Wednesday, September 7, 2011

Recognition and Tools:
The Local Foods Movement

Increased consumer interest in purchasing locally-produced food is creating market opportunities for Forsyth County farmers that have rejuvenated the traditional practice of growers bringing seasonal fruits and vegetables and fresh eggs and dairy products into towns to sell on a regular basis. Farmer’s markets in downtown Winston-Salem, at the Dixie Classic fairgrounds, in Reynolda Village, and at many other locations throughout the Piedmont provide farmers with venues at which they can sell their produce from May until October. Restaurants and retailers purchase farm products in order to meet market demand for organic food grown in a sustainable manner.

Several entities have instituted Community Supported Agriculture (CSA) programs. The Triad Farm to Table Cooperative, organized with the assistance of the Forsyth County Cooperative Extension Service, sold 12-week subscriptions for weekly or bi-weekly produce delivery to pick-up locations throughout the county beginning June 1, 2011. Lowes Foods also sought to capitalize on demand for fresh produce by creating the Locally Grown Food Club, which offers consumers the opportunity to purchase subscriptions for weekly boxes of approximately 12 pounds of seasonal fruits and vegetables. Lowes partners with cooperatives including Pilot Mountain Pride, an organization of about 50 Piedmont farmers who have begun growing produce rather than tobacco, as well as other North Carolina growers.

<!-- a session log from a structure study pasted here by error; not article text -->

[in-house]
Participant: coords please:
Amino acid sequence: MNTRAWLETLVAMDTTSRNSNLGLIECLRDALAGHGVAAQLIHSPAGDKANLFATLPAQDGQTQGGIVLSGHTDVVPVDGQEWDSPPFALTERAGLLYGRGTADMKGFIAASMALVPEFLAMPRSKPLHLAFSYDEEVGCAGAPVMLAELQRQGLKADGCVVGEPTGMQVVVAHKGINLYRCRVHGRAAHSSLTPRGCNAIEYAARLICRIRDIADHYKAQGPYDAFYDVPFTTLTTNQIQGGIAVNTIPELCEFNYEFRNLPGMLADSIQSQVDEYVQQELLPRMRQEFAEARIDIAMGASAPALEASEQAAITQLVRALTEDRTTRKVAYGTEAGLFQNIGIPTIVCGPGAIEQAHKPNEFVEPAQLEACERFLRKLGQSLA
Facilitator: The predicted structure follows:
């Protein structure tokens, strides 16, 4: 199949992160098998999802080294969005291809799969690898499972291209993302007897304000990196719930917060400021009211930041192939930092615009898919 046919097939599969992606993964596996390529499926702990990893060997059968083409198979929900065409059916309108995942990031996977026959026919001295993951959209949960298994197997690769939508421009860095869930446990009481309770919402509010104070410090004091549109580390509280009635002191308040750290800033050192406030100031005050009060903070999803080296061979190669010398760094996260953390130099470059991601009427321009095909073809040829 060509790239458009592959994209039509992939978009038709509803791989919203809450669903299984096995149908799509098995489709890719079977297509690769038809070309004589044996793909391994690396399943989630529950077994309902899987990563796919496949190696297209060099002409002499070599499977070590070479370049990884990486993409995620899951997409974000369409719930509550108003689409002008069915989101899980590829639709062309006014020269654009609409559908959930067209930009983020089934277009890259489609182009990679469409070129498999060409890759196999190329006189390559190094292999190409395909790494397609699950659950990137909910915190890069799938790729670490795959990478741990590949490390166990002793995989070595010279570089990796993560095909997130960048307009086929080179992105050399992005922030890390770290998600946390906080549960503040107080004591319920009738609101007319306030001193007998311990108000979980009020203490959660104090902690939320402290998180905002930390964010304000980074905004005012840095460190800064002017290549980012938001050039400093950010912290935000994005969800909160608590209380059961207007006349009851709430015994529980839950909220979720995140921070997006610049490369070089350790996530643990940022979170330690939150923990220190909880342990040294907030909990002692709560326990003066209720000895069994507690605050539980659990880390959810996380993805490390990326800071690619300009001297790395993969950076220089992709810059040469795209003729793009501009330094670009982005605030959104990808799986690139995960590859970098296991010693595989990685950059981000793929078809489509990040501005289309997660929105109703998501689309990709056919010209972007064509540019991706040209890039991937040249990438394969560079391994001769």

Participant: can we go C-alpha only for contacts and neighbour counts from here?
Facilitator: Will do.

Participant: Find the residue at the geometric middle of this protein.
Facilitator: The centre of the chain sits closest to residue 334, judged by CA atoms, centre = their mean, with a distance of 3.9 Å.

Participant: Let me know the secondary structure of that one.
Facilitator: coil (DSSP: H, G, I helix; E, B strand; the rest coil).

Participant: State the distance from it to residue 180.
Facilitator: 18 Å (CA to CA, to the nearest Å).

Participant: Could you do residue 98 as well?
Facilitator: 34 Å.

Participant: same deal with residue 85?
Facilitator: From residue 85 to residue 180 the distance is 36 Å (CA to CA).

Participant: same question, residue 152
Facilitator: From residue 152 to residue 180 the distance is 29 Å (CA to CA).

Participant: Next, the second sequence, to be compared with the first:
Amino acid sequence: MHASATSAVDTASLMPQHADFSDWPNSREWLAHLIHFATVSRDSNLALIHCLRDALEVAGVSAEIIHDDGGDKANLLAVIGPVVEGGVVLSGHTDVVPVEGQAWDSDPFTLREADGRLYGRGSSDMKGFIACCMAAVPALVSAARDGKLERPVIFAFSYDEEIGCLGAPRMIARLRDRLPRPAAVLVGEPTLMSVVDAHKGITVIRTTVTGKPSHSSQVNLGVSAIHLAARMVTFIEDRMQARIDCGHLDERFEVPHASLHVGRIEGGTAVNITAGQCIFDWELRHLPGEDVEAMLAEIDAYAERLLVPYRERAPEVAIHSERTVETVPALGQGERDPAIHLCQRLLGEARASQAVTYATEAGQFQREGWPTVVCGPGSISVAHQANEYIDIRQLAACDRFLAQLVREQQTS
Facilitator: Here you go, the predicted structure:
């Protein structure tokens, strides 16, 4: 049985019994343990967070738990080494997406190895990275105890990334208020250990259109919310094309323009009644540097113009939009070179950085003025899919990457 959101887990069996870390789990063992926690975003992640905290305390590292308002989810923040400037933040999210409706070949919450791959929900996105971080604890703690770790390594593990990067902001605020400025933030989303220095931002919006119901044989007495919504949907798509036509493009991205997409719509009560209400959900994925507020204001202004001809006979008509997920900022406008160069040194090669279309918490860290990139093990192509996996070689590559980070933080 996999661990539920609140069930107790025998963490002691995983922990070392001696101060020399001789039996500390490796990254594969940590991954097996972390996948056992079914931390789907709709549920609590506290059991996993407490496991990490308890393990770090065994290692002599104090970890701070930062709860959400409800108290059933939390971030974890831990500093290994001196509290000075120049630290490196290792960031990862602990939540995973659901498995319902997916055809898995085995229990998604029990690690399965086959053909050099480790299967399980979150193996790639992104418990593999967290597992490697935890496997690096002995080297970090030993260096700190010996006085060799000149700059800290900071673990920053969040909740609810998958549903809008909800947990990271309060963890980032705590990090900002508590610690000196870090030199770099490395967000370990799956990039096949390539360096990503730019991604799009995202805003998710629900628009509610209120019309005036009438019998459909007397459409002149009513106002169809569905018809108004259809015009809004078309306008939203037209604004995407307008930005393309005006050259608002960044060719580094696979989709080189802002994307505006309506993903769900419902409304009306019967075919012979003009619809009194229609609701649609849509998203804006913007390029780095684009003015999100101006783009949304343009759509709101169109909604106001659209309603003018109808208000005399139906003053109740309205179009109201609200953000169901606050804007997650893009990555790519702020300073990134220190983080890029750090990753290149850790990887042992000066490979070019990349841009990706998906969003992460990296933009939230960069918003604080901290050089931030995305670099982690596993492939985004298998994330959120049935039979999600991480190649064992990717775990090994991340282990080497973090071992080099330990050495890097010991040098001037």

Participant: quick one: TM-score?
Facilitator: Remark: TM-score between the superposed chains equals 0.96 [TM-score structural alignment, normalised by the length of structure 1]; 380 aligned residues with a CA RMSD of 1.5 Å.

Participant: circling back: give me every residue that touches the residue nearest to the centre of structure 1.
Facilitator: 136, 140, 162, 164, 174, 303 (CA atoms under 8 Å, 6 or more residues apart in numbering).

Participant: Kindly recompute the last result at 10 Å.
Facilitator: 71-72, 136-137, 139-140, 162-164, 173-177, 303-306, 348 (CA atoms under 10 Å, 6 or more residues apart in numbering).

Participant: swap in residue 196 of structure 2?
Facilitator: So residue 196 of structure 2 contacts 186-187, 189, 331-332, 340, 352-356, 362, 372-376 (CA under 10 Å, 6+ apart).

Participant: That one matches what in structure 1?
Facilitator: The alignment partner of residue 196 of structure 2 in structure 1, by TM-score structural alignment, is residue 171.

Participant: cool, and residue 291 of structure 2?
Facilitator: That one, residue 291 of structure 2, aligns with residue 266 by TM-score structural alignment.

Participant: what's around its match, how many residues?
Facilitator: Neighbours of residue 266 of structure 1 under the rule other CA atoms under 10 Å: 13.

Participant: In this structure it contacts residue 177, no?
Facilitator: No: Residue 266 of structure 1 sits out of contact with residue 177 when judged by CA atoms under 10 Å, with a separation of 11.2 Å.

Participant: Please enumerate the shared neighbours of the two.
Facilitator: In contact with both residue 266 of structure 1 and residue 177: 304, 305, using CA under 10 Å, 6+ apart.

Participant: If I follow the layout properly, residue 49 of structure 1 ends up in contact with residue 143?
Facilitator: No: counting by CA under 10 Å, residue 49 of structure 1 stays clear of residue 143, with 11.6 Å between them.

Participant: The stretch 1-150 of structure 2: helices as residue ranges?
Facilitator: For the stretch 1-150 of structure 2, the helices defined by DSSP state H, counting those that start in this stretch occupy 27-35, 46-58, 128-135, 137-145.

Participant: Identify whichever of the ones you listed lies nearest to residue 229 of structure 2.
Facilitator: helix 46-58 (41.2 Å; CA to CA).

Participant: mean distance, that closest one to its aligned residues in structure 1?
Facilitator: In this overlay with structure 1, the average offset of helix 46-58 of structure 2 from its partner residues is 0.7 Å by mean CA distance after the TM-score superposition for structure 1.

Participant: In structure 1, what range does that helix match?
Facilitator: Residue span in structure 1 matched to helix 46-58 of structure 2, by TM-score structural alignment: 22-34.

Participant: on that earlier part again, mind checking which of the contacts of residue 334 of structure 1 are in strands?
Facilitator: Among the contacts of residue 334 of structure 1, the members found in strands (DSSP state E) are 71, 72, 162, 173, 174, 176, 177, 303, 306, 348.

Residents interested in learning more about growing their own fruits, vegetables and herbs in group settings have benefited from the Forsyth County Cooperative Extension Service’s Community Gardening Resource Program, a training program funded by a Winston-Salem Foundation grant. The extension service mentors entities interested in establishing new community gardens or improving existing sites. So far, at least forty groups have availed themselves of the opportunity to plant gardens at locations ranging from neighborhoods to parks and churches.

These initiatives represent only a few of the many ways that Forsyth County residents continue to benefit from local farming and gardening endeavors. The area’s lengthy agricultural heritage, ranging from the Moravian’s communal eighteenth-century gardens in Bethabara to community-supported agriculture in the twentieth-century, is an integral component of the county’s distinctive character.

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